Since the release of Megadeth's 1985 debut, Killing Is my Business...And Business is Good, these once self-proclaimed, state-of-the-art speed-metal mongers have survived drug addiction, hair rock, grunge, a dead drummer, Dave Mustaine's giant ego problems, and alcoholism. And that's just for starters. Furthermore, Mustaine, along with other founding member and bassist, Dave Ellefson has gone through bandmembers like a bad game of Russian roulette -- only exacerbated by Mustaine's deep insecurities and his consistent need to cling on to his dignity. Mustaine has often bellyached about his need to be respected by his quote/unquote, more heralded, sometimes dismissive peers (many of who have fallen by the wayside). So then, isn't ironic that after 17 years and eight studio records, the Megadeth name and moniker is still bigger than the band itself? Here's the problem. To this day, the Megadeth name and logo is still one of the most recognized in rock. Every rock & roll fan is aware of who Megadeth is. Every metal kid claims to have been a fan of the band at one point or the other. But after trying, and trying some more to reinvent itself, the quartet has yet to make the necessary artistic leap needed to reach a super-mass audience (read two-million-plus) that they've always pined after. Megadeth have never been able to get out of the niche that they've built for themselves. And don't doubt for a minute that Mustaine doesn't know this. Well. For years, it fueled his addiction and made him petty and difficult. It also made for some great copy in the press. Indeed, one certainly cannot take anything away from Mustaine, especially if you re-listen to the songs that he co-wrote on Metallica's first two records, but sadly, he's always compared apples with oranges. Because at the end of the day, Metallica is a very different band. Not just a better band, but a superlative one at that, and something that Mustaine has finally come to grips with once and for all.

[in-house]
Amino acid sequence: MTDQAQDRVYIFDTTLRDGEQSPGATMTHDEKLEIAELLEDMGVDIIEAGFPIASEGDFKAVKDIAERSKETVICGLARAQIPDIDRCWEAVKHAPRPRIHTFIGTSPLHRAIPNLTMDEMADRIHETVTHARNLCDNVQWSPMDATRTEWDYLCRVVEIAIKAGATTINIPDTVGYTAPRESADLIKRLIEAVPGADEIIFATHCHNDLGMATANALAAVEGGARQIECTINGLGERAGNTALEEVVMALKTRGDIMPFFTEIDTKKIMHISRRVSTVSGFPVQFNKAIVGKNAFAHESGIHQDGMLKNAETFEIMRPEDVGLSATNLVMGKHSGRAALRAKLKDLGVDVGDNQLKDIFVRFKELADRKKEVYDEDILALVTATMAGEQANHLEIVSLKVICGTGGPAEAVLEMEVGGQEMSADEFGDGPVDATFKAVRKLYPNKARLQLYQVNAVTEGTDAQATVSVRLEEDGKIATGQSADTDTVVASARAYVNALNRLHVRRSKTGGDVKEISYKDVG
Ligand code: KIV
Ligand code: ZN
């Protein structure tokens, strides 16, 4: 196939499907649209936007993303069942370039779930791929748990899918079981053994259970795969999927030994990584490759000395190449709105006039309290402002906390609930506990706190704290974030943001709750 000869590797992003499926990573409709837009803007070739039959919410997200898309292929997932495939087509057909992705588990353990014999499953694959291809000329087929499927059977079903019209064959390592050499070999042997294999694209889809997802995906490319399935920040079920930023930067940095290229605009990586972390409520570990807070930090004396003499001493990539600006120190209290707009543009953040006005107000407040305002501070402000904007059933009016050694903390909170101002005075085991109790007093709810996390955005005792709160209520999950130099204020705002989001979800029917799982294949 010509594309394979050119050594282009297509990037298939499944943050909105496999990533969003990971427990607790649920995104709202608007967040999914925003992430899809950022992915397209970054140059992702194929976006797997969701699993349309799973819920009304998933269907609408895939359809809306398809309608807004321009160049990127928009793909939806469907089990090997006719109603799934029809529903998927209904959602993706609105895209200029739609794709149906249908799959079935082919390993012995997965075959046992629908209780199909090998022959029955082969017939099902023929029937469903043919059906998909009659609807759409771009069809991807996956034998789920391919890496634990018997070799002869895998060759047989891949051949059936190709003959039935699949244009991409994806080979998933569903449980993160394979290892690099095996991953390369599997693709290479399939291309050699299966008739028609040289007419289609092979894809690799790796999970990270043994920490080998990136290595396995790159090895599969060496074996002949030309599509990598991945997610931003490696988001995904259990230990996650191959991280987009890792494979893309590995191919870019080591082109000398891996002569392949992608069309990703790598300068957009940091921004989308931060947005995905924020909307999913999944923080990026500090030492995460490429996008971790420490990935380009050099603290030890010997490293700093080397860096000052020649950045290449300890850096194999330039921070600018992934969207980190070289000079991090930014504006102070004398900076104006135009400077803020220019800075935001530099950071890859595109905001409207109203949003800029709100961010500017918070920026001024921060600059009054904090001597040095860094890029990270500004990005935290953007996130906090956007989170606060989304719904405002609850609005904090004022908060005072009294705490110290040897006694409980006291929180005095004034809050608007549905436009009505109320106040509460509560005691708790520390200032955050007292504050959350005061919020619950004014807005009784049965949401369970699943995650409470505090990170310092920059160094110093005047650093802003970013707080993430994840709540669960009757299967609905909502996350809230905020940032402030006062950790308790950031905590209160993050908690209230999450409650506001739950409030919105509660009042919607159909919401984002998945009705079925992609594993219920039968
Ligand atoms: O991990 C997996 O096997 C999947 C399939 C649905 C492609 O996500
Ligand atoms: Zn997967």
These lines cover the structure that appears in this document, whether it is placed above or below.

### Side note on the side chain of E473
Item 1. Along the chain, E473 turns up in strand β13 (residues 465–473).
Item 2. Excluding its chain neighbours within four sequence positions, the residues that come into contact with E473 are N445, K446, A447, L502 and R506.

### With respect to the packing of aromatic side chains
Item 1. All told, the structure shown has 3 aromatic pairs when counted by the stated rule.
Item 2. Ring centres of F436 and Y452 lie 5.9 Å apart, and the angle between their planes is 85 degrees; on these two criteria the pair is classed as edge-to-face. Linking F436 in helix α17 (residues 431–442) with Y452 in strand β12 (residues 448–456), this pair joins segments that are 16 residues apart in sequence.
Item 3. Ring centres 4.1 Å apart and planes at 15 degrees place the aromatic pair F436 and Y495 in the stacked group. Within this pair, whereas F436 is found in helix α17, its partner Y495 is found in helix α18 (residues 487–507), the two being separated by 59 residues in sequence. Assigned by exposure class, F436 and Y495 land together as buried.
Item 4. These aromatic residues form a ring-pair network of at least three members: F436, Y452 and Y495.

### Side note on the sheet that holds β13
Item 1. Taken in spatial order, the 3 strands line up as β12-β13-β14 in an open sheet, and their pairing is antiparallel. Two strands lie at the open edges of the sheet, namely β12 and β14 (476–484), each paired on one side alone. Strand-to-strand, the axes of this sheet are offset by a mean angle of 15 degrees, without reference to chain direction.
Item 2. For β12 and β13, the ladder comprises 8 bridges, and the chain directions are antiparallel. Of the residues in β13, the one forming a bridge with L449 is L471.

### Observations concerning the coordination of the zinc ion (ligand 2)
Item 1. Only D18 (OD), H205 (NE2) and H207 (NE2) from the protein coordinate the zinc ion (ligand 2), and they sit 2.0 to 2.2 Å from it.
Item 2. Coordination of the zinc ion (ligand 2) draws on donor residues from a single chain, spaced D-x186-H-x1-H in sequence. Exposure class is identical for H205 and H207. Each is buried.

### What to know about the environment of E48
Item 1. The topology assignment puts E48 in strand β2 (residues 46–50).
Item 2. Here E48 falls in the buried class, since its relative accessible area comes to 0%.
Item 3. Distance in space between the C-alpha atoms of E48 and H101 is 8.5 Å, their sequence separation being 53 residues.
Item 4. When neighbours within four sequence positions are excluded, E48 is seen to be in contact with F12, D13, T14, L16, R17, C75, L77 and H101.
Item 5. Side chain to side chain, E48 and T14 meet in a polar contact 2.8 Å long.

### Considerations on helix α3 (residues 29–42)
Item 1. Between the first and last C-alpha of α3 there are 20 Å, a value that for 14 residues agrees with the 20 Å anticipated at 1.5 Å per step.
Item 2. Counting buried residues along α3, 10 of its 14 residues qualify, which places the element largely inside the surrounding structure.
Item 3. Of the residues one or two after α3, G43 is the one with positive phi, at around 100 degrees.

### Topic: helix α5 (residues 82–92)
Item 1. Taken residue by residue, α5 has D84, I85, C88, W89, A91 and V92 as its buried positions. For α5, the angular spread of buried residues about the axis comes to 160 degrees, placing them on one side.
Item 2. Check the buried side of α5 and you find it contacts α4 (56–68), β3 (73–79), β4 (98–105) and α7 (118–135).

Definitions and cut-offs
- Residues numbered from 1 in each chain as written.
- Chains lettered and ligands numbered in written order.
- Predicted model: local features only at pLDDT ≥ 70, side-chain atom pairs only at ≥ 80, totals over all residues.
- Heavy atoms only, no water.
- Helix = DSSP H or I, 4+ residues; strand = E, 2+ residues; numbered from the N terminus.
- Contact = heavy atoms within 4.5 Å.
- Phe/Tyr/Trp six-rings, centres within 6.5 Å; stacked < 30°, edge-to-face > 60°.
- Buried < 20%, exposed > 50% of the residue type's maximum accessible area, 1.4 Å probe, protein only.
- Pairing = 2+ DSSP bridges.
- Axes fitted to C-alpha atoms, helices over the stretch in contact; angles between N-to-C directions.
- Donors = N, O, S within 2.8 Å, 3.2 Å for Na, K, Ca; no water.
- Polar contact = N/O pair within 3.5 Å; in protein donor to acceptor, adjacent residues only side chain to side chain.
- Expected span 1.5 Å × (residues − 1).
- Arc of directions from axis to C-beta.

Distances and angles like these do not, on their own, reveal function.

Although hailed as part of the "mighty thrash four", the band's audience rarely inspired Slayer-type fanaticism or even benefited from the kudos given to New York's more innovative Anthrax. But through it all, Mustaine and co. have remained a constant in the burgeoning metal scene. As Megadeth eventually watched Anthrax and Slayer's commercial fortunes wane, Megadeth stayed true, consistently releasing gold and platinum platters. Although his rancor and jealousy toward ex bandmates is well documented, rarely, does he get enough credit for what he has accomplished. For one, he's managed to keep the Megadeth name alive for an unbelievable 17-plus years, and through all of 'Deth's lineup changes, he's always managed to squeeze out two or three great tracks on each release (sometimes more). Although artistically the band never topped the groundbreaking Peace Sells...But Who's Buying, they certainly gave it their best on Rust in Peace, and 1991's commercial breakthrough, Countdown to Extinction. As the band's deal with Capitol Records comes to an end, the label has pieced together a "best-of" compilation which features 12 catalog tracks and two new cuts, "Kill the King" (a solid effort) and "Dread and the Fugitive Mind" (just OK). But taken as a compilation, many of these songs make sense. Cuts like the classic "Peace Sells" (used for years as the intro and outro of MTV News), "Symphony of Destruction," the overlooked "A Tout le Monde" and "In My Darkest Hour" are exemplary, fine-tuned, hard rock songs. Meticulously arranged, these cuts have not only aged well, many sound just as relevant today as they did back when they were recorded -- the mark of a good band. Tracks like "Trust" and "Almost Honest" from the ambitious Cryptic Writings, and especially the hockey anthem "Crush 'Em," do hint at a sign of experimentation; clearly, they show a band at odds with itself trying to break out of its shell, with apparently mixed results. The word "extraordinary" will never be used to describe Megadeth (especially in a live setting where they often sound murky and uninspired), notwithstanding, one should never fault the band for having survived itself.